I’m looking forward to the soon-to-be-released two book commentary on Luke’s Gospel by Dale Ralph Davis.
Thoughtful unfolding of the text, engagingly illustrated.

In this introductory section Davis addresses the evident care to record truth without embellishment that Luke mentions in his prefacing words. This care was all the more important because there were numerous people around who knew the truth of the events, and who would be keen to pick the Gospel account apart if there were falsehoods or inconsistencies.

Some might object that since Luke and others had an agenda (to win people to Jesus) they obviously must have ‘souped up’ the truth in order to make their account more convincing. But they dared not do that. There were gobs of eyewitnesses around in the first century and not all eyewitnesses were pro- Jesus. In the first century there were many eyewitnesses who were hostile to Jesus and opposed to the apostles. If the early Christians, whether in written accounts or in oral witness, had exaggerated or twisted the truth, they would’ve been exposed by the ‘anti­Jesus’ coalition. They had to be careful with their claims. So, it is simply not true that evangelism compromises historicity; rather, evangelism demands accuracy. And since such care was taken for truth, you need to face its claims.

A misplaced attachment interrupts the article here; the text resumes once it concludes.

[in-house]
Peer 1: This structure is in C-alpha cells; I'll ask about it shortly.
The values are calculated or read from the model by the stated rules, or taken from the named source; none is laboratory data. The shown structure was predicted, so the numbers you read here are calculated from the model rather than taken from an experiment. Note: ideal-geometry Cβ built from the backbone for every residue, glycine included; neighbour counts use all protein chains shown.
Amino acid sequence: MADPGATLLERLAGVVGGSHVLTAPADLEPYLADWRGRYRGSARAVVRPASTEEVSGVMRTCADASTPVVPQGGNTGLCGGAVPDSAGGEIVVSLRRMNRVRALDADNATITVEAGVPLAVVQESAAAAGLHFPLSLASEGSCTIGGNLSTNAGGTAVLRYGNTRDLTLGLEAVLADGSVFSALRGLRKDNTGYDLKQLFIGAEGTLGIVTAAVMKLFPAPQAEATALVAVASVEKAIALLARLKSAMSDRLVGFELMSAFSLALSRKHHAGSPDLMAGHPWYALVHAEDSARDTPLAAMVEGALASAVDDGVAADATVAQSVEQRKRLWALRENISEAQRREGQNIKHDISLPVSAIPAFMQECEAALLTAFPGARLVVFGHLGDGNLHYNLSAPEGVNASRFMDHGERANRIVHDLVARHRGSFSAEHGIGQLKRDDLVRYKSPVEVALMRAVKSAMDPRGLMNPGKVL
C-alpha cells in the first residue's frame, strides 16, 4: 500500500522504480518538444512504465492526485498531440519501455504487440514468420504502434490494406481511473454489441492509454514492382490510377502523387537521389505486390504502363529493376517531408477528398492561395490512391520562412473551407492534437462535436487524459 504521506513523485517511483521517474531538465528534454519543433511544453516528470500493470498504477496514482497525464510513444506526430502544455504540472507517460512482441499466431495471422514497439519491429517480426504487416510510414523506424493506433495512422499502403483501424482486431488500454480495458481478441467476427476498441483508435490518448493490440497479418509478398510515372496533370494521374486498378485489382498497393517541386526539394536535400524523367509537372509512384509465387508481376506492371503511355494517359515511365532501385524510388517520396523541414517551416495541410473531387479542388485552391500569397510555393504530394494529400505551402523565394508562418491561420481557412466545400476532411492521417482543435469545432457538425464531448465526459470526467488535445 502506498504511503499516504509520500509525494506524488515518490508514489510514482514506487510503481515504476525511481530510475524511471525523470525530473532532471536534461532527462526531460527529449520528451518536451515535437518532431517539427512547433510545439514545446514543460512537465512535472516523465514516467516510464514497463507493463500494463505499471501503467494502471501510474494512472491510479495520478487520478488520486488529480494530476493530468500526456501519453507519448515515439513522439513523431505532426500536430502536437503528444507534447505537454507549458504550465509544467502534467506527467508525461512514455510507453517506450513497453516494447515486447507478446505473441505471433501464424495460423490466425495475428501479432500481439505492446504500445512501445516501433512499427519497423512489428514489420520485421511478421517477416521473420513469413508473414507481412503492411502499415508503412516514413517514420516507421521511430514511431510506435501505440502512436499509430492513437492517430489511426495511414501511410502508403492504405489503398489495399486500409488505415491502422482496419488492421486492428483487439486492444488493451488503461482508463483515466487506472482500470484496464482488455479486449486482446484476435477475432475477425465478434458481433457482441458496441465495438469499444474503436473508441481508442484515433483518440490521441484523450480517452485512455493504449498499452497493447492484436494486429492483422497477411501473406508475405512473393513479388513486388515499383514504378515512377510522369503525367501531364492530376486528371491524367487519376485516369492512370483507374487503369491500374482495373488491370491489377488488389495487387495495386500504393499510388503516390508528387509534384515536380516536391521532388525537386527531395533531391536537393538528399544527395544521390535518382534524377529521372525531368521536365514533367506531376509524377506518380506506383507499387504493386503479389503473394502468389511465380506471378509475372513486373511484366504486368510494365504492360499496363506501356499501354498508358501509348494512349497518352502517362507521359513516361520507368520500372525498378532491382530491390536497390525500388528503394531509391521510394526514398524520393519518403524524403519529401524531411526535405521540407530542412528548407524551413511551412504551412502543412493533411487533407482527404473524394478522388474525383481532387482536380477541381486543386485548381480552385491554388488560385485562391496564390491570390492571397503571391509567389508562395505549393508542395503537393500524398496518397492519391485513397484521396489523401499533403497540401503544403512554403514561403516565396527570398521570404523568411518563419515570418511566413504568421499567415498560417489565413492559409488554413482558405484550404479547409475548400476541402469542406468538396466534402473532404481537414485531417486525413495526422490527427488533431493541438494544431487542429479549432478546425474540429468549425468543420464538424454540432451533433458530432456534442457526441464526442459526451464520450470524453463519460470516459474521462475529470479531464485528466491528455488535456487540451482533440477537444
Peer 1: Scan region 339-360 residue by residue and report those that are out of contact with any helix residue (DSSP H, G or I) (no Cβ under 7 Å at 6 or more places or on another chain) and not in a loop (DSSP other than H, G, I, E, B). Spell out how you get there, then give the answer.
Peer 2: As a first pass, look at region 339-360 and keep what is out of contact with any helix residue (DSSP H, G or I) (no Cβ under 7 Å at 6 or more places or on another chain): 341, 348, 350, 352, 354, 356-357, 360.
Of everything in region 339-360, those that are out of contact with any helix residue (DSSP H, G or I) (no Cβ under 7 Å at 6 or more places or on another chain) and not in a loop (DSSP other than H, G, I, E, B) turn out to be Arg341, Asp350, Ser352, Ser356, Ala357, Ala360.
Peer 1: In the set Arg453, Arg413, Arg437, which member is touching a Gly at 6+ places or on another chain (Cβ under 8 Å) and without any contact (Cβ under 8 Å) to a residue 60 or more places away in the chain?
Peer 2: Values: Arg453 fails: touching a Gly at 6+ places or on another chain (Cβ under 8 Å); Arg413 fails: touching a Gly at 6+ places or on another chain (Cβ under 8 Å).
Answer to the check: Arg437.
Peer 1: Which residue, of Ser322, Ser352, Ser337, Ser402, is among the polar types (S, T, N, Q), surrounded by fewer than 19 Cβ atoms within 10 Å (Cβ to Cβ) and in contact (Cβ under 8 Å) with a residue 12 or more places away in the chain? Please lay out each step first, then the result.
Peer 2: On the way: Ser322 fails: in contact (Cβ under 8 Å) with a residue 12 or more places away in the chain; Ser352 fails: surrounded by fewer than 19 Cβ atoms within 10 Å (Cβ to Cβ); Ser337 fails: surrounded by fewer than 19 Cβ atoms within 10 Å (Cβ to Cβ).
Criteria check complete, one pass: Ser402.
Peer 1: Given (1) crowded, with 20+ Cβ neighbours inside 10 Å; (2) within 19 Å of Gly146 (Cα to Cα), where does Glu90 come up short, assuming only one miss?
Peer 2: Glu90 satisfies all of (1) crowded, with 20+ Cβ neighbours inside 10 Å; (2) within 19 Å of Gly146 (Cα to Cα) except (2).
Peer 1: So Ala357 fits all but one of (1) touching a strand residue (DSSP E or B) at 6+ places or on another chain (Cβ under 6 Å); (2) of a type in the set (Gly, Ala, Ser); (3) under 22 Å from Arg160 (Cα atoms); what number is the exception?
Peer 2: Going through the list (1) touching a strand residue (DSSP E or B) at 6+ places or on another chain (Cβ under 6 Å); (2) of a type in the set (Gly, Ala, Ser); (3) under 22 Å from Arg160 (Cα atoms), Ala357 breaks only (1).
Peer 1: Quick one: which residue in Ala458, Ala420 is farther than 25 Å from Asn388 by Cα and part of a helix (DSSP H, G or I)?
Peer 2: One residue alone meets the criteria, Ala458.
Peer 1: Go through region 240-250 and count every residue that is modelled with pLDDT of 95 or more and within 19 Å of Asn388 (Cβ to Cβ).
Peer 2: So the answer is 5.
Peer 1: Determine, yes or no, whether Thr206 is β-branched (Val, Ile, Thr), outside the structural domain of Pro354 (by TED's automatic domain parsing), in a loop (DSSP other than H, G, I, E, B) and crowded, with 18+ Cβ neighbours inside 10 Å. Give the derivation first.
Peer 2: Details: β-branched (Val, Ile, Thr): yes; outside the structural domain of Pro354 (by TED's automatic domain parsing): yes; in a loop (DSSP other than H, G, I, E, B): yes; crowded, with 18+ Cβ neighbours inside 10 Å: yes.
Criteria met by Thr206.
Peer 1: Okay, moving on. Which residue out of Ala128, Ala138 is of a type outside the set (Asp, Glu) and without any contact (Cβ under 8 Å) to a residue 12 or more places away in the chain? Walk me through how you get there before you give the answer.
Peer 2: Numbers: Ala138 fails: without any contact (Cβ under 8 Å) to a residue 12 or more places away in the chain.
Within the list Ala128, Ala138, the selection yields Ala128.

Dale Ralph Davis, Luke 1–13 – The Year of the Lord’s Favour, Christian Focus, 2021, pg. 16.

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